A proposed law supported by Democrats and Republicans would implement a streamlined voter registration process for all eligible U.S. citizen residents of Guam with the choice to opt out, was introduced yesterday by Sen. Régine Biscoe Lee.
Sens. Wil Castro, Fernando Esteves, Tommy Morrison, Joe San Agustin and Mary Torres co-sponsored Bill 234-34.
The measure would register eligible citizens as voters upon their registration for an ID card or driver's license with the Motor Vehicles Division at the Department of Revenue and Taxation. The registration will happen automatically unless the registrant checks a box to opt out.
The information citizens are asked upon registering to vote is the same information being collected by the DMV. With the policy, the information will be transmitted to election registrars, who check each applicant for voter eligibility, and add or update their information on the voter rolls.
Biscoe Lee said the policy would make voting easier and encourage voter participation because it removes a hurdle in the registration process, and more eligible citizens would be registered to vote.
The policy fact sheet states the bill would: offer convenience, as residents will not have to go to two agencies to provide the same documentation for different services; ease the voting process as residents would not have to worry about missing the registration deadline or experience discrepancies in information on election day; and increase voter registration numbers and participation.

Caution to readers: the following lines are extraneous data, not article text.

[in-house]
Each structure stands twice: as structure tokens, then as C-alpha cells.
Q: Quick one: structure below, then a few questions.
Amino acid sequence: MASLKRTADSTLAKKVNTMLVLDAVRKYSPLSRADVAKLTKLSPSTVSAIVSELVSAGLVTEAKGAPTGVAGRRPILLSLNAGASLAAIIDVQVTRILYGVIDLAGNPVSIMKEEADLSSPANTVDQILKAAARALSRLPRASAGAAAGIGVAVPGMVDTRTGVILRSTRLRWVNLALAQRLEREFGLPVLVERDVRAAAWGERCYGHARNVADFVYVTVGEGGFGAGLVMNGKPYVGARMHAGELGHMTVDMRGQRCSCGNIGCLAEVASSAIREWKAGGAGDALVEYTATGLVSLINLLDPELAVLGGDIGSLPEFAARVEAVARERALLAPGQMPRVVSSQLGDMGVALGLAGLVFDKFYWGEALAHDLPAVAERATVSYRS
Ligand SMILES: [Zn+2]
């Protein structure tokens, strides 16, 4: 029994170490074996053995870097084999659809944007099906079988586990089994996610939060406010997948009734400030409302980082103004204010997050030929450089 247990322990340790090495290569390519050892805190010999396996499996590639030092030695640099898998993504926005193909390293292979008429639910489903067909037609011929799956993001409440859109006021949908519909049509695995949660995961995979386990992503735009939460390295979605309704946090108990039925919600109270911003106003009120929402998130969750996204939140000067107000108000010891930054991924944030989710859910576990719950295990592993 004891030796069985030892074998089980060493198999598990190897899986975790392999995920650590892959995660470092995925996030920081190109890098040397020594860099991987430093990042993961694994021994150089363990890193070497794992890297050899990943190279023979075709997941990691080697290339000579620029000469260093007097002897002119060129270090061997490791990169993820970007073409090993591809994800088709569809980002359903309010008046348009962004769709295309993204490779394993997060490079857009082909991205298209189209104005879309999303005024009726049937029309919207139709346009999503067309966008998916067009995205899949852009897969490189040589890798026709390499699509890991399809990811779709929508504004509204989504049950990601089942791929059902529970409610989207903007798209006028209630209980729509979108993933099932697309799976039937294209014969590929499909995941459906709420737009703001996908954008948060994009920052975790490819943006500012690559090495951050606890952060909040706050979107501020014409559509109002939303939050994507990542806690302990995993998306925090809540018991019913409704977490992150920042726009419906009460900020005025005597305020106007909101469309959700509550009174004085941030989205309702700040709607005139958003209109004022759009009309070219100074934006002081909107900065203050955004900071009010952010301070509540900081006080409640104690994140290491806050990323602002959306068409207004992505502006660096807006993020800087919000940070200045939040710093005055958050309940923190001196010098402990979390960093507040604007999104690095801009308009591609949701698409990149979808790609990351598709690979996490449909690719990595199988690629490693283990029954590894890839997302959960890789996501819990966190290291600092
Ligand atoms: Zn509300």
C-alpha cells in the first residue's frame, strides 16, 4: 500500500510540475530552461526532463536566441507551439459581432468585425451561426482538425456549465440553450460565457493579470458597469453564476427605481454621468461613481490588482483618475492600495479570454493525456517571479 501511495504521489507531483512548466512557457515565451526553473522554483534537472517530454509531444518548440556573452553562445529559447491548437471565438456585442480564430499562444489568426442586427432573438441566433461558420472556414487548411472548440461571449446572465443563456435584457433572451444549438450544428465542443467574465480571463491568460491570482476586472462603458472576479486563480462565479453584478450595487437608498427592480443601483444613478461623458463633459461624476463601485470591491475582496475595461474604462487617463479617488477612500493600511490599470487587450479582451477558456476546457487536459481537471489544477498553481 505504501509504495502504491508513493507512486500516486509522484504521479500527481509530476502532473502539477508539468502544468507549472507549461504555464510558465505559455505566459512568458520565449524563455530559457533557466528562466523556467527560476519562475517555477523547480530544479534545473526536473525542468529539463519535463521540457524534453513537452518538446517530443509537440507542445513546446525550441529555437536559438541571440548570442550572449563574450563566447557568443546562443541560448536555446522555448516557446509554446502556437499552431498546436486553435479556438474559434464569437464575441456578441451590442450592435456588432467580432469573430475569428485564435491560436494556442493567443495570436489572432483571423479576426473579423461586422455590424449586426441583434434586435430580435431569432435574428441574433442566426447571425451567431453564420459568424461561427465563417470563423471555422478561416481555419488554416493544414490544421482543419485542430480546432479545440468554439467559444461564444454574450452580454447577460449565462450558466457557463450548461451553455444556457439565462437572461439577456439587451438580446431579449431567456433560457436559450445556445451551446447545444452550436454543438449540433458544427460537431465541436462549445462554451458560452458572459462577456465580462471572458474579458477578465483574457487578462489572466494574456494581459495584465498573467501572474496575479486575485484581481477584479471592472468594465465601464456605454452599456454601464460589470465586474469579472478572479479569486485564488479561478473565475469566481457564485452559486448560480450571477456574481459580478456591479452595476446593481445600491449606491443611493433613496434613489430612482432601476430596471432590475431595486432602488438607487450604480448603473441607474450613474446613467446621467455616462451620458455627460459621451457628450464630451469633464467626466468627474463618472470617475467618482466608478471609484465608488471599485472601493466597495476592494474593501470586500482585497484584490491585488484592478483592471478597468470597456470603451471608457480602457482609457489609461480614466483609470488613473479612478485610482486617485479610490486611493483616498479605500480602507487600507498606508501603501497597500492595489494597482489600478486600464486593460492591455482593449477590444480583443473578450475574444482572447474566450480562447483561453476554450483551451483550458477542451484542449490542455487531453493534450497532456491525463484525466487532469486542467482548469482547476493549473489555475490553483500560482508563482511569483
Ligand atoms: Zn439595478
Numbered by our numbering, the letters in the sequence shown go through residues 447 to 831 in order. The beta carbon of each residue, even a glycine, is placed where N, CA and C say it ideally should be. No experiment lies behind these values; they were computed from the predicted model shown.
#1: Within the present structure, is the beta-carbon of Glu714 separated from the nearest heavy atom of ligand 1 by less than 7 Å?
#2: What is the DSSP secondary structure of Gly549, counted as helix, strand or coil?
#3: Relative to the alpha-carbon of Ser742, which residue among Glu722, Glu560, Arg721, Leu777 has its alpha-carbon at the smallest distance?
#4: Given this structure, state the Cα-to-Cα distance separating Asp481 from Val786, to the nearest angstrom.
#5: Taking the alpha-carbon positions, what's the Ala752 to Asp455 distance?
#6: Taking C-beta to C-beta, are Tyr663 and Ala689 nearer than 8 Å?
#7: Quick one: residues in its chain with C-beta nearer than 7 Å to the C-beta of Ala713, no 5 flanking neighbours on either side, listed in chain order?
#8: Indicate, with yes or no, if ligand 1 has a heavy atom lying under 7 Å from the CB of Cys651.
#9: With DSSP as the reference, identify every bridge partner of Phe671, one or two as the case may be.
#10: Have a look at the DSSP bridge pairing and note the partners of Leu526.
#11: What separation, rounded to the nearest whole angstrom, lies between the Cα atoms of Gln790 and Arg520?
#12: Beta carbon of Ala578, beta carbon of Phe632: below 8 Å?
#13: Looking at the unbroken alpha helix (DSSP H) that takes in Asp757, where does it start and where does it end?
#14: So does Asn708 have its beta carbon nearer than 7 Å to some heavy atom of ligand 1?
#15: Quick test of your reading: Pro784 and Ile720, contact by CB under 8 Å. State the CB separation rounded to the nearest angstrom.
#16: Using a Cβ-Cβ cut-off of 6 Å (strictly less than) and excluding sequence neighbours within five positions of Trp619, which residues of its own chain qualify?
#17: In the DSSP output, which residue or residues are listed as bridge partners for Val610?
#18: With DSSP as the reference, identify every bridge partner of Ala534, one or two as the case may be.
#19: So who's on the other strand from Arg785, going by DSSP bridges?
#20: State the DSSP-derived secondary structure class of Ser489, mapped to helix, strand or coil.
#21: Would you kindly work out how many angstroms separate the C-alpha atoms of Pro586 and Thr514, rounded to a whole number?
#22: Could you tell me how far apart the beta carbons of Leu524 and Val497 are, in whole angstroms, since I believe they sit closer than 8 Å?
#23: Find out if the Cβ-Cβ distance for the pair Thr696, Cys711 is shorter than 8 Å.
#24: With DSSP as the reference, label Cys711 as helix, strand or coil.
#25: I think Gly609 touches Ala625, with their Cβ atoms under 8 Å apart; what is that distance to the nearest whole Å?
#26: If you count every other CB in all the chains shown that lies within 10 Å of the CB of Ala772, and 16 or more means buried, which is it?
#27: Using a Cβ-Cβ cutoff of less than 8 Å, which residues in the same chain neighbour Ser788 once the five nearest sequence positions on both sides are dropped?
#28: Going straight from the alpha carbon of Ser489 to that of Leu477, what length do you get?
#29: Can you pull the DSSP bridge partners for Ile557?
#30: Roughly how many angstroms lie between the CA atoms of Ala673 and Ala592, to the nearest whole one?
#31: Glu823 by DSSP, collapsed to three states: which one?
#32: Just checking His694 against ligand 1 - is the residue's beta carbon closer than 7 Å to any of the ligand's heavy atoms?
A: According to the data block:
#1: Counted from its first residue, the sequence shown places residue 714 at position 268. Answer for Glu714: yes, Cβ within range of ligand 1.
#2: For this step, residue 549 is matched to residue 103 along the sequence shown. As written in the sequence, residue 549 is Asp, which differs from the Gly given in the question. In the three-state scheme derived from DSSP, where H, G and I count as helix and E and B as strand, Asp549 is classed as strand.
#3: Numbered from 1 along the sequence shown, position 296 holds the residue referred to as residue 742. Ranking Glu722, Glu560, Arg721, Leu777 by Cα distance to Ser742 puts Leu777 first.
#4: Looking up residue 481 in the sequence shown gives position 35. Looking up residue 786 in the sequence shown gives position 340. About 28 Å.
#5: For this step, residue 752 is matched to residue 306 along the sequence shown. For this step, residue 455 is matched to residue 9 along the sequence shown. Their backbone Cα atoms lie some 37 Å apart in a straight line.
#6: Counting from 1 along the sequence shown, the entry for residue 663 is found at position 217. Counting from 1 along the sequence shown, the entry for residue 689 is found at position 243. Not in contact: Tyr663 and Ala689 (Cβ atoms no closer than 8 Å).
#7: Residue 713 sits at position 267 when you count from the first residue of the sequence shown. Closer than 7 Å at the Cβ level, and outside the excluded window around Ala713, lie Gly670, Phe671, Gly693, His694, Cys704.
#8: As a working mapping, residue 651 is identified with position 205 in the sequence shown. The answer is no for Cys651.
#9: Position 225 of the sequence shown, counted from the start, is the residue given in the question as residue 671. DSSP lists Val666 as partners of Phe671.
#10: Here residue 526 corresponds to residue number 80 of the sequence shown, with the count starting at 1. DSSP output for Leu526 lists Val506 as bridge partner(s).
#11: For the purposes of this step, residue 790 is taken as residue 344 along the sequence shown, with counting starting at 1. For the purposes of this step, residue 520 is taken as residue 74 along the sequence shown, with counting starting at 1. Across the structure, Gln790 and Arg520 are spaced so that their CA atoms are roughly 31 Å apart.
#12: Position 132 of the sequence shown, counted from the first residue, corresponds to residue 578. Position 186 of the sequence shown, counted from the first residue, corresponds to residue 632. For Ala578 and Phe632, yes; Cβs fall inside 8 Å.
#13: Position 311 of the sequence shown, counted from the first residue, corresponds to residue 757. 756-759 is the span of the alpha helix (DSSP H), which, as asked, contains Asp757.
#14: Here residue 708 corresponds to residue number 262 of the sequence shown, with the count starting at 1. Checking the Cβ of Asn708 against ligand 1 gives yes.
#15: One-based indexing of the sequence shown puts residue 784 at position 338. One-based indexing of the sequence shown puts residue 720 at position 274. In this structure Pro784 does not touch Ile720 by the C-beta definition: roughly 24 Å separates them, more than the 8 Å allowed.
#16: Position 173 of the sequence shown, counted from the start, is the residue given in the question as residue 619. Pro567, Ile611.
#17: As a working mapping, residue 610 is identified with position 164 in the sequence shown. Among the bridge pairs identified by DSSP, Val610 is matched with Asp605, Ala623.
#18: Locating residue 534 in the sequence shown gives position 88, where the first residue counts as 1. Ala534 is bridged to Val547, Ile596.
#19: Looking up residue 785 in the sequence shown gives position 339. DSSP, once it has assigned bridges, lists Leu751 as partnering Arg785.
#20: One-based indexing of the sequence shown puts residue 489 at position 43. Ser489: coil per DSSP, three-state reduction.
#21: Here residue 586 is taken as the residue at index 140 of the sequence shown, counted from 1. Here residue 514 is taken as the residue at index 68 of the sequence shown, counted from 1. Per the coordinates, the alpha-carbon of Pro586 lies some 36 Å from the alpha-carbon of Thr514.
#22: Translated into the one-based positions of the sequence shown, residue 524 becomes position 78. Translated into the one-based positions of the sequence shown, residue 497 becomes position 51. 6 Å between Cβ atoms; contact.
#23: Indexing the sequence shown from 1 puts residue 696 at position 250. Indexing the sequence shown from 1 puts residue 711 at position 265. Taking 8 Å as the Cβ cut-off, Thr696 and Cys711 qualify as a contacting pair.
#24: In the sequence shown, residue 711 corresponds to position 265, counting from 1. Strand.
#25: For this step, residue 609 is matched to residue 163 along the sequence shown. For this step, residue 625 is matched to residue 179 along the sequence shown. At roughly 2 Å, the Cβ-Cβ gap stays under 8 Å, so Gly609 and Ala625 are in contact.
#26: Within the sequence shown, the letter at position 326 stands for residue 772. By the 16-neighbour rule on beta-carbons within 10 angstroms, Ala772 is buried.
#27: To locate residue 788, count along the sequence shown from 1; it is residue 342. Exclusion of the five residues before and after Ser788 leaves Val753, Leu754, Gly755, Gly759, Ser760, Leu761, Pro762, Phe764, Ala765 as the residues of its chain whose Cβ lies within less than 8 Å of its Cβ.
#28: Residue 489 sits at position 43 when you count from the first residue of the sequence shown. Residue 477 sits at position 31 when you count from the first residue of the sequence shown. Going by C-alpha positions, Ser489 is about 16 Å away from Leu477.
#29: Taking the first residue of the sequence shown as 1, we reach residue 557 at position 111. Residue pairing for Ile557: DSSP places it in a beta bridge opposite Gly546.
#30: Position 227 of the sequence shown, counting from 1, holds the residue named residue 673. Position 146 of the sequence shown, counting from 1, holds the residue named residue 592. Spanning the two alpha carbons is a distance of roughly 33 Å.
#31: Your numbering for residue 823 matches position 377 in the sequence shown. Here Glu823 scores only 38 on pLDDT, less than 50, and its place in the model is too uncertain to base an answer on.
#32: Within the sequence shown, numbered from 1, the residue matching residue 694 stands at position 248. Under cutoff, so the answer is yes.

The operation will not impact registrants' ability to obtain their identification cards or driver's licenses.
Furthermore, the bill would expand the efforts of Sen. Torres' 2015 "Motor Voter Law," which made voter registration optional when applying for a new or renewed ID card or driver's license.
The team said it looks forward to working with the Department of Revenue and Taxation, the Guam Election Commission and other stakeholders as they seek another efficient and convenient way to register voters.
"Involvement in our government's democratic process through voting should be as streamlined for our citizens as possible," Biscoe Lee said.
Biscoe Lee is the chairwoman of the Committee on Innovation and Economic, Workforce, and Youth Development in the 34th Guam Legislature.
According to GEC, the number of registered voters in 2016 was about 51,000, as opposed to 61,000 in 2002.
The commission's 2016 Election Comparative Analysis states the percentage of voter turnout in general elections has bounced between 67 and 77 percent since 2000, in contrast to 80 to 90 percent in past decades. The turnout for primary elections has been as low as 43 percent in the past 10 years.
Nine states and Washington, D.C., have enacted legislation to automatically register voters, and 32 states have introduced similar legislation this year, according to the Brennan Center for Justice at the New York University School of Law.
The center said the policy modernizes voter registration and dramatically increases registration rates, stating that nearly every state in the U.S. that has adopted the policy has grown its voter registration numbers, some by up to sevenfold. Improved voter turnout at elections has been attributed to the policy, as well.